In 1925, Mount Rushmore was established, future First Lady Barbara Bush was born, and the theory of evolution went on trial in Tennessee. Also in Tennessee that year, on November 28th, to be exact, the Grand Ole Opry began broadcasting on Nashville’s powerful WSM radio. On Tuesday, March 24th, the longest-running live radio show in the country will kick off a nine-month celebration of its 90th birthday with two shows at the Grand Ole Opry House, featuring Brad Paisley, Del McCoury Band and Old Crow Medicine Show, and including Western swing legends Asleep at the Wheel.
To help commemorate the anniversary kick-off, the artists appearing on stage that night will share stories behind some of the seminal instruments and artifacts that have been a part of the venerable institution for the past nine decades. The artifacts will then become part of a backstage display at the Opry House throughout the celebration.
Among the one-of-a-kind items featured will be the fiddle played by Uncle Jimmy Thompson on the very first broadcast of what would become the Grand Ole Opry; the steamboat whistle used by Opry founder George D. Hay to introduce countless Opry broadcasts (with his cry of “Let ‘er go, boys!”); and a guitar used by Opry icon Little Jimmy Dickens, who passed away at the beginning of this year. Contemporary Opry inductees, including Paisley, Darius Rucker and Josh Turner, will also be represented in the display.
As the night’s two shows unfold, the Opry will also announce plans for the nine-month celebration. Florida Georgia Line, Charlie Daniels Band, Oak Ridge Boys, Racal Flatts and Reba McEntire are among the acts slated for upcoming appearances.
Originally called the WSM Barn Dance, in 1927, following a classical music program, “the Solemn Old Judge” George D. Hay spoke the line that would rename the show and rewrite music history. “For the past hour, we have been listening to music taken largely from Grand Opera,” Hay announced. “From now on, we will present the Grand Ole Opry.”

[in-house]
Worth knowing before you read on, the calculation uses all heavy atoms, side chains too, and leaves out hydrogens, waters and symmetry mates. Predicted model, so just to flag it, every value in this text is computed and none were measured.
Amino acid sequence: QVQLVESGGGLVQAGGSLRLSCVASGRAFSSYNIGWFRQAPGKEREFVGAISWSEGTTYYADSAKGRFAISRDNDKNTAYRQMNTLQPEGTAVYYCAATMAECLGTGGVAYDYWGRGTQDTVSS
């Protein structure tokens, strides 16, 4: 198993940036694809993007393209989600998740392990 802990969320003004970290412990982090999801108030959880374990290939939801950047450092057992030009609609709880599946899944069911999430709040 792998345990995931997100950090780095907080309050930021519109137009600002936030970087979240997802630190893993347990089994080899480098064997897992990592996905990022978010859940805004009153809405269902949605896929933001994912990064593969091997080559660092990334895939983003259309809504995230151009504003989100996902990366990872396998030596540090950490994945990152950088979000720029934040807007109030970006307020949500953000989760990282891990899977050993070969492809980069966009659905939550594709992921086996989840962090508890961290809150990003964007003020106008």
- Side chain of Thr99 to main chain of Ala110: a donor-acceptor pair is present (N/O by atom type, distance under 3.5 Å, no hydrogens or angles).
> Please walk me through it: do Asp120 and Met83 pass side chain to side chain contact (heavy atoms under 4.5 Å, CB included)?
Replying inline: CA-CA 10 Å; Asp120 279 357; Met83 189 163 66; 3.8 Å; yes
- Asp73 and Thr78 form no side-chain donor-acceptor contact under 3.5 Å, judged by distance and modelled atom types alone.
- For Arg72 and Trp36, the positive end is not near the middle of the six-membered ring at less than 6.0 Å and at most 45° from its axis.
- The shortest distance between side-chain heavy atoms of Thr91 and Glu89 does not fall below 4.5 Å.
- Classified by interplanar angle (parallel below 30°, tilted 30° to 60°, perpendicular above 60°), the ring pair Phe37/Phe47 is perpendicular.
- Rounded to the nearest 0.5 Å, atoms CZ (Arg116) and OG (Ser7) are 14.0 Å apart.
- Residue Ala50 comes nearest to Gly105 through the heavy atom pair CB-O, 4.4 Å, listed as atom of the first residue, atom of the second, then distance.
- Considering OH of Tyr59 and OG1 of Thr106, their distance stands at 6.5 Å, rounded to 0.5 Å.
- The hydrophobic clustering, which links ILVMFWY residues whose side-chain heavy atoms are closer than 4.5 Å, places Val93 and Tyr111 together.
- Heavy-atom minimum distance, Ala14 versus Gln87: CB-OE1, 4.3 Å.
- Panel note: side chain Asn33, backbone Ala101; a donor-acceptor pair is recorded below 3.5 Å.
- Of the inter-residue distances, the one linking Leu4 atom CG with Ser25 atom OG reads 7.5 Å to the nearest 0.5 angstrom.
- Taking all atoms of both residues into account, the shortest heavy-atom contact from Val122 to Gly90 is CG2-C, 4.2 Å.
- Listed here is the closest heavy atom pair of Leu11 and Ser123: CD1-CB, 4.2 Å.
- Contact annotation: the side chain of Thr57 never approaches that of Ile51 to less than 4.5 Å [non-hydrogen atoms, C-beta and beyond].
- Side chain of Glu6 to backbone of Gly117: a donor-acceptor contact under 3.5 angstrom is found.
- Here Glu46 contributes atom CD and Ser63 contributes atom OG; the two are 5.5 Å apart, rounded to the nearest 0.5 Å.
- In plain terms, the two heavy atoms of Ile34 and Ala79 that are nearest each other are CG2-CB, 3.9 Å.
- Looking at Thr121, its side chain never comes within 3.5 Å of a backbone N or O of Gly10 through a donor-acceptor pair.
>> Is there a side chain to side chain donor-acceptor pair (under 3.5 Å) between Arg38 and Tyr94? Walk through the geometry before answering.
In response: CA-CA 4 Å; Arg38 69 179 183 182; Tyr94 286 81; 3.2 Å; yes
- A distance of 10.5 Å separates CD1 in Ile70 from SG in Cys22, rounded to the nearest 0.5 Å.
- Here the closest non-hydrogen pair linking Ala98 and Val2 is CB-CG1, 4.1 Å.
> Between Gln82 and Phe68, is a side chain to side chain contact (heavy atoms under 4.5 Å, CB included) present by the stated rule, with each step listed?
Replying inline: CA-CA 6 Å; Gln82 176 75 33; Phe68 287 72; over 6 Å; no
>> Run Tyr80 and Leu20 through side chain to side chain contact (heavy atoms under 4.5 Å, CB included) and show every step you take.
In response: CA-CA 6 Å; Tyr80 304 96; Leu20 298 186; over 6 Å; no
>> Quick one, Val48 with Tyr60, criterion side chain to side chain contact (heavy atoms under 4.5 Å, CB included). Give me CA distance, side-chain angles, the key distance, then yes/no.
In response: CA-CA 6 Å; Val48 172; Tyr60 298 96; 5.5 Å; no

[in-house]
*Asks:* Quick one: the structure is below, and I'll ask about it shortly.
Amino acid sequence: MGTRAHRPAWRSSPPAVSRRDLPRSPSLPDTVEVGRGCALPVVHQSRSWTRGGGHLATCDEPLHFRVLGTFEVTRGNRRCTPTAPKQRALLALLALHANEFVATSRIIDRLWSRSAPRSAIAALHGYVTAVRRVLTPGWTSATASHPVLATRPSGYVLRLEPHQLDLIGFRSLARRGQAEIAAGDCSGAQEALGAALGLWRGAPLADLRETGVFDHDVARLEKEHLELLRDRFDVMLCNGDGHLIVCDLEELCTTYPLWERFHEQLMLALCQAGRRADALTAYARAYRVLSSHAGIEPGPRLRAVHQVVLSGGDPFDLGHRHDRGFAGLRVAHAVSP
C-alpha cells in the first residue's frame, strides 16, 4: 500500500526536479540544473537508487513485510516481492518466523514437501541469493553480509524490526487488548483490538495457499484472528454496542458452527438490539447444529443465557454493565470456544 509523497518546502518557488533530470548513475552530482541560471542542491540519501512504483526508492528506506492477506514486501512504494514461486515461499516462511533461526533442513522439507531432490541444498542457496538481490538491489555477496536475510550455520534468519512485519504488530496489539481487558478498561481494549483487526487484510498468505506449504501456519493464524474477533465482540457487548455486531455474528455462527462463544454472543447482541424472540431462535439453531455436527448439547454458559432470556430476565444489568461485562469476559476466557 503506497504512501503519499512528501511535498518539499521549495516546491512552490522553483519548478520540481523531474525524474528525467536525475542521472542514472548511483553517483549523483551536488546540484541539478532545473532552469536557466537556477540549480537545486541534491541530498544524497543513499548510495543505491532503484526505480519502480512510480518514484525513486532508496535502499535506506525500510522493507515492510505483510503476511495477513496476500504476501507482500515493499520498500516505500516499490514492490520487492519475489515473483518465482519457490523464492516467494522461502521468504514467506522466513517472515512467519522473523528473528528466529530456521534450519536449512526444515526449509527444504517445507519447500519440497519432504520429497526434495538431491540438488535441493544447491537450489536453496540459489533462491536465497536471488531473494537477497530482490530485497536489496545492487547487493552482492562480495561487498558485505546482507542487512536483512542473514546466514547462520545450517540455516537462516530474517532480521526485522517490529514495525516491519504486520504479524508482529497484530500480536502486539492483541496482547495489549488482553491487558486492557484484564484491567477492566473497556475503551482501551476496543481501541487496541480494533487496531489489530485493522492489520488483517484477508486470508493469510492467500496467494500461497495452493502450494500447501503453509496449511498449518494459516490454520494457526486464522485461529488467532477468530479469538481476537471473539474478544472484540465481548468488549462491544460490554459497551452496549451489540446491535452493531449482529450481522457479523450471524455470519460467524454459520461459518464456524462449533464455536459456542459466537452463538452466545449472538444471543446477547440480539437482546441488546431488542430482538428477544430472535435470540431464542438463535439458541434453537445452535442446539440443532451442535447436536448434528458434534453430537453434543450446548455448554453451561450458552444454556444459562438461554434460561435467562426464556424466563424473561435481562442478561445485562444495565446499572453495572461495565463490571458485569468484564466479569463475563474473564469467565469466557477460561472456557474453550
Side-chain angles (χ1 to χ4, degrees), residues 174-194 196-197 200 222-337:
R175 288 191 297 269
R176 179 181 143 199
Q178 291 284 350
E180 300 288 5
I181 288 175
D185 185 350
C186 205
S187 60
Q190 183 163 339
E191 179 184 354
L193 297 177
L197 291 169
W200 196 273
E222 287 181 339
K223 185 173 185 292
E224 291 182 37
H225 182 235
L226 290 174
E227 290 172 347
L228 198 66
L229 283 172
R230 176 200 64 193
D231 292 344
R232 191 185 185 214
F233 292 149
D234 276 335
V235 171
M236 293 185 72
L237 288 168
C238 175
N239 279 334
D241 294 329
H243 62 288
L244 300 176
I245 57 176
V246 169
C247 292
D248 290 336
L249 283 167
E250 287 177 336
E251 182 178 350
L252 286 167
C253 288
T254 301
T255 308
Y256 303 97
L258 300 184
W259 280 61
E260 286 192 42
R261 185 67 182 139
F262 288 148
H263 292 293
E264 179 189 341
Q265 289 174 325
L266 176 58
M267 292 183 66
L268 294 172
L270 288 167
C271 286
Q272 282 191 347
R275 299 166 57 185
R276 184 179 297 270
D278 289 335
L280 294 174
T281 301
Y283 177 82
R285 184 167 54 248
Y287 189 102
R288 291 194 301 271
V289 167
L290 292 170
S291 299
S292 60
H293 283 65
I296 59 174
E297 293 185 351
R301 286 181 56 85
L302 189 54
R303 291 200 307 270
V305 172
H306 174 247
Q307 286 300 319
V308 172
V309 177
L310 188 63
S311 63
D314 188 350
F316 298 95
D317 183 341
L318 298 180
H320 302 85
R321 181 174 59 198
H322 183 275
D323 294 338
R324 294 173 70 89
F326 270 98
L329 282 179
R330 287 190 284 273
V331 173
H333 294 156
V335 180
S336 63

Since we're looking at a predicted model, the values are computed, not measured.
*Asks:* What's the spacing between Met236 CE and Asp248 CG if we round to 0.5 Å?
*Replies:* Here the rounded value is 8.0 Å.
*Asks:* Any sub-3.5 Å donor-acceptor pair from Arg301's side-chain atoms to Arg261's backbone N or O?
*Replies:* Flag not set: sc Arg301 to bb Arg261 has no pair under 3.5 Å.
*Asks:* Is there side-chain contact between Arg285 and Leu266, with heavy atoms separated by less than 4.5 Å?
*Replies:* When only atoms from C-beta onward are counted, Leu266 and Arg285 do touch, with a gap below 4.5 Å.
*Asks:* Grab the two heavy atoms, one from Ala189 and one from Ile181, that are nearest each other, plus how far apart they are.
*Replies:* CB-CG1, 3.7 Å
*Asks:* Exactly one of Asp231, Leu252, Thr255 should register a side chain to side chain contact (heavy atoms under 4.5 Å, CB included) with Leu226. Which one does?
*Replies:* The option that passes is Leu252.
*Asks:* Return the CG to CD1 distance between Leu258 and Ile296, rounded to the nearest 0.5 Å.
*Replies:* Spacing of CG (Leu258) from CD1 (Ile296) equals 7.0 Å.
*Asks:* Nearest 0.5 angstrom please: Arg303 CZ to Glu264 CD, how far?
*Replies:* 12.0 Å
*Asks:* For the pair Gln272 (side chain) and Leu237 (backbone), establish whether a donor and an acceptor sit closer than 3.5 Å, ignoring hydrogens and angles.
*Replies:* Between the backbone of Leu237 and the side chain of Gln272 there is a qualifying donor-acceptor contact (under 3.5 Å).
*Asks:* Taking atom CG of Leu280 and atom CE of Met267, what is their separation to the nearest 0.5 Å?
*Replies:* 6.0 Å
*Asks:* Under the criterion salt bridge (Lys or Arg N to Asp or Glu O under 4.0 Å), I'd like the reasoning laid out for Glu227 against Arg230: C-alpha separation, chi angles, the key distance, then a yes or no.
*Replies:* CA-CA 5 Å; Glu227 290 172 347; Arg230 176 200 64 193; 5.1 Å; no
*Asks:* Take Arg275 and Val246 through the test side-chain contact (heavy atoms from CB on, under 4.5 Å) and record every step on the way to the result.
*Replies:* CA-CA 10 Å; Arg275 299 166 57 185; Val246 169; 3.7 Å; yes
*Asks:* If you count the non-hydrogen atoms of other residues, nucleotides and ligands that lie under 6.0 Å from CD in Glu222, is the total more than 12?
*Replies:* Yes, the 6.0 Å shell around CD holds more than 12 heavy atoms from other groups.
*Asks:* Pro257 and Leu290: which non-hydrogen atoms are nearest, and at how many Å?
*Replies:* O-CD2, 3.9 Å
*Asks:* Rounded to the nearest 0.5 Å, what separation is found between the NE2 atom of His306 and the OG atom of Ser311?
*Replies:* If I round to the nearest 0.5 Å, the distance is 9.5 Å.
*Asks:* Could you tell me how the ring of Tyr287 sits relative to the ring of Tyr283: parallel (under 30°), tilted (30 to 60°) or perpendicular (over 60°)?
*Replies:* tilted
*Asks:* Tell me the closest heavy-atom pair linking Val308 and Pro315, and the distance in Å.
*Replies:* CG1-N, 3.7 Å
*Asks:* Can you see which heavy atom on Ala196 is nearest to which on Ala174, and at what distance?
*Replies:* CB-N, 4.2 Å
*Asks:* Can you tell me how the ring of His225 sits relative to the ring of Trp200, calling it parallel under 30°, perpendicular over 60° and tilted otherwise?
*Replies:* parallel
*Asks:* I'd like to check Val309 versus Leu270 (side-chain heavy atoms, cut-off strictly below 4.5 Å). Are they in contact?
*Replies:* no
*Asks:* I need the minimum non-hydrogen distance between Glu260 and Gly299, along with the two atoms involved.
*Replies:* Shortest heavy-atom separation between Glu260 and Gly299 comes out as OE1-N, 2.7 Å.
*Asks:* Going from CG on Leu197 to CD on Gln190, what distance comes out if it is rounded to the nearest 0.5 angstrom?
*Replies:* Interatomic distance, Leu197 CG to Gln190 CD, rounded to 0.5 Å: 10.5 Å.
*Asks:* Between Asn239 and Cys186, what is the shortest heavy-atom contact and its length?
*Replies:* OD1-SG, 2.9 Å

Originally owned by the National Life and Accident Insurance Co., WSM was housed in the company’s downtown Nashville headquarters (the stations call letters were derived from the company slogan: We Shield Millions) and the first Opry broadcast took place in a tiny fifth-floor studio. As the show’s popularity grew, it was staged in other venues, including the Hillsboro Theatre (now home to the Belcourt Theatre in Hillsboro Village), East Nashville’s Dixie Tabernacle, the downtown War Memorial Auditorium, and from 1943 to 1974, the Ryman Auditorium, which still hosts Opry shows on occasion.
Forty-one years ago today, on March 16th, 1974, with then-President Richard Nixon on hand, the 4,000-seat Grand Ole Opry House opened. Situated next to the new Opryland USA theme park (which closed in 2007) and the still-vibrant Opryland Hotel, the Opry House sustained significant damage in the devastating flood of the Cumberland River in May 2010. Temporarily relocated to other venues throughout town, the show returned to the Opry House in September of that year.
In January of this year, the Grand Ole Opry House was added to the National Register of Historic Places. The Ryman Auditorium also earned that distinction in 1971.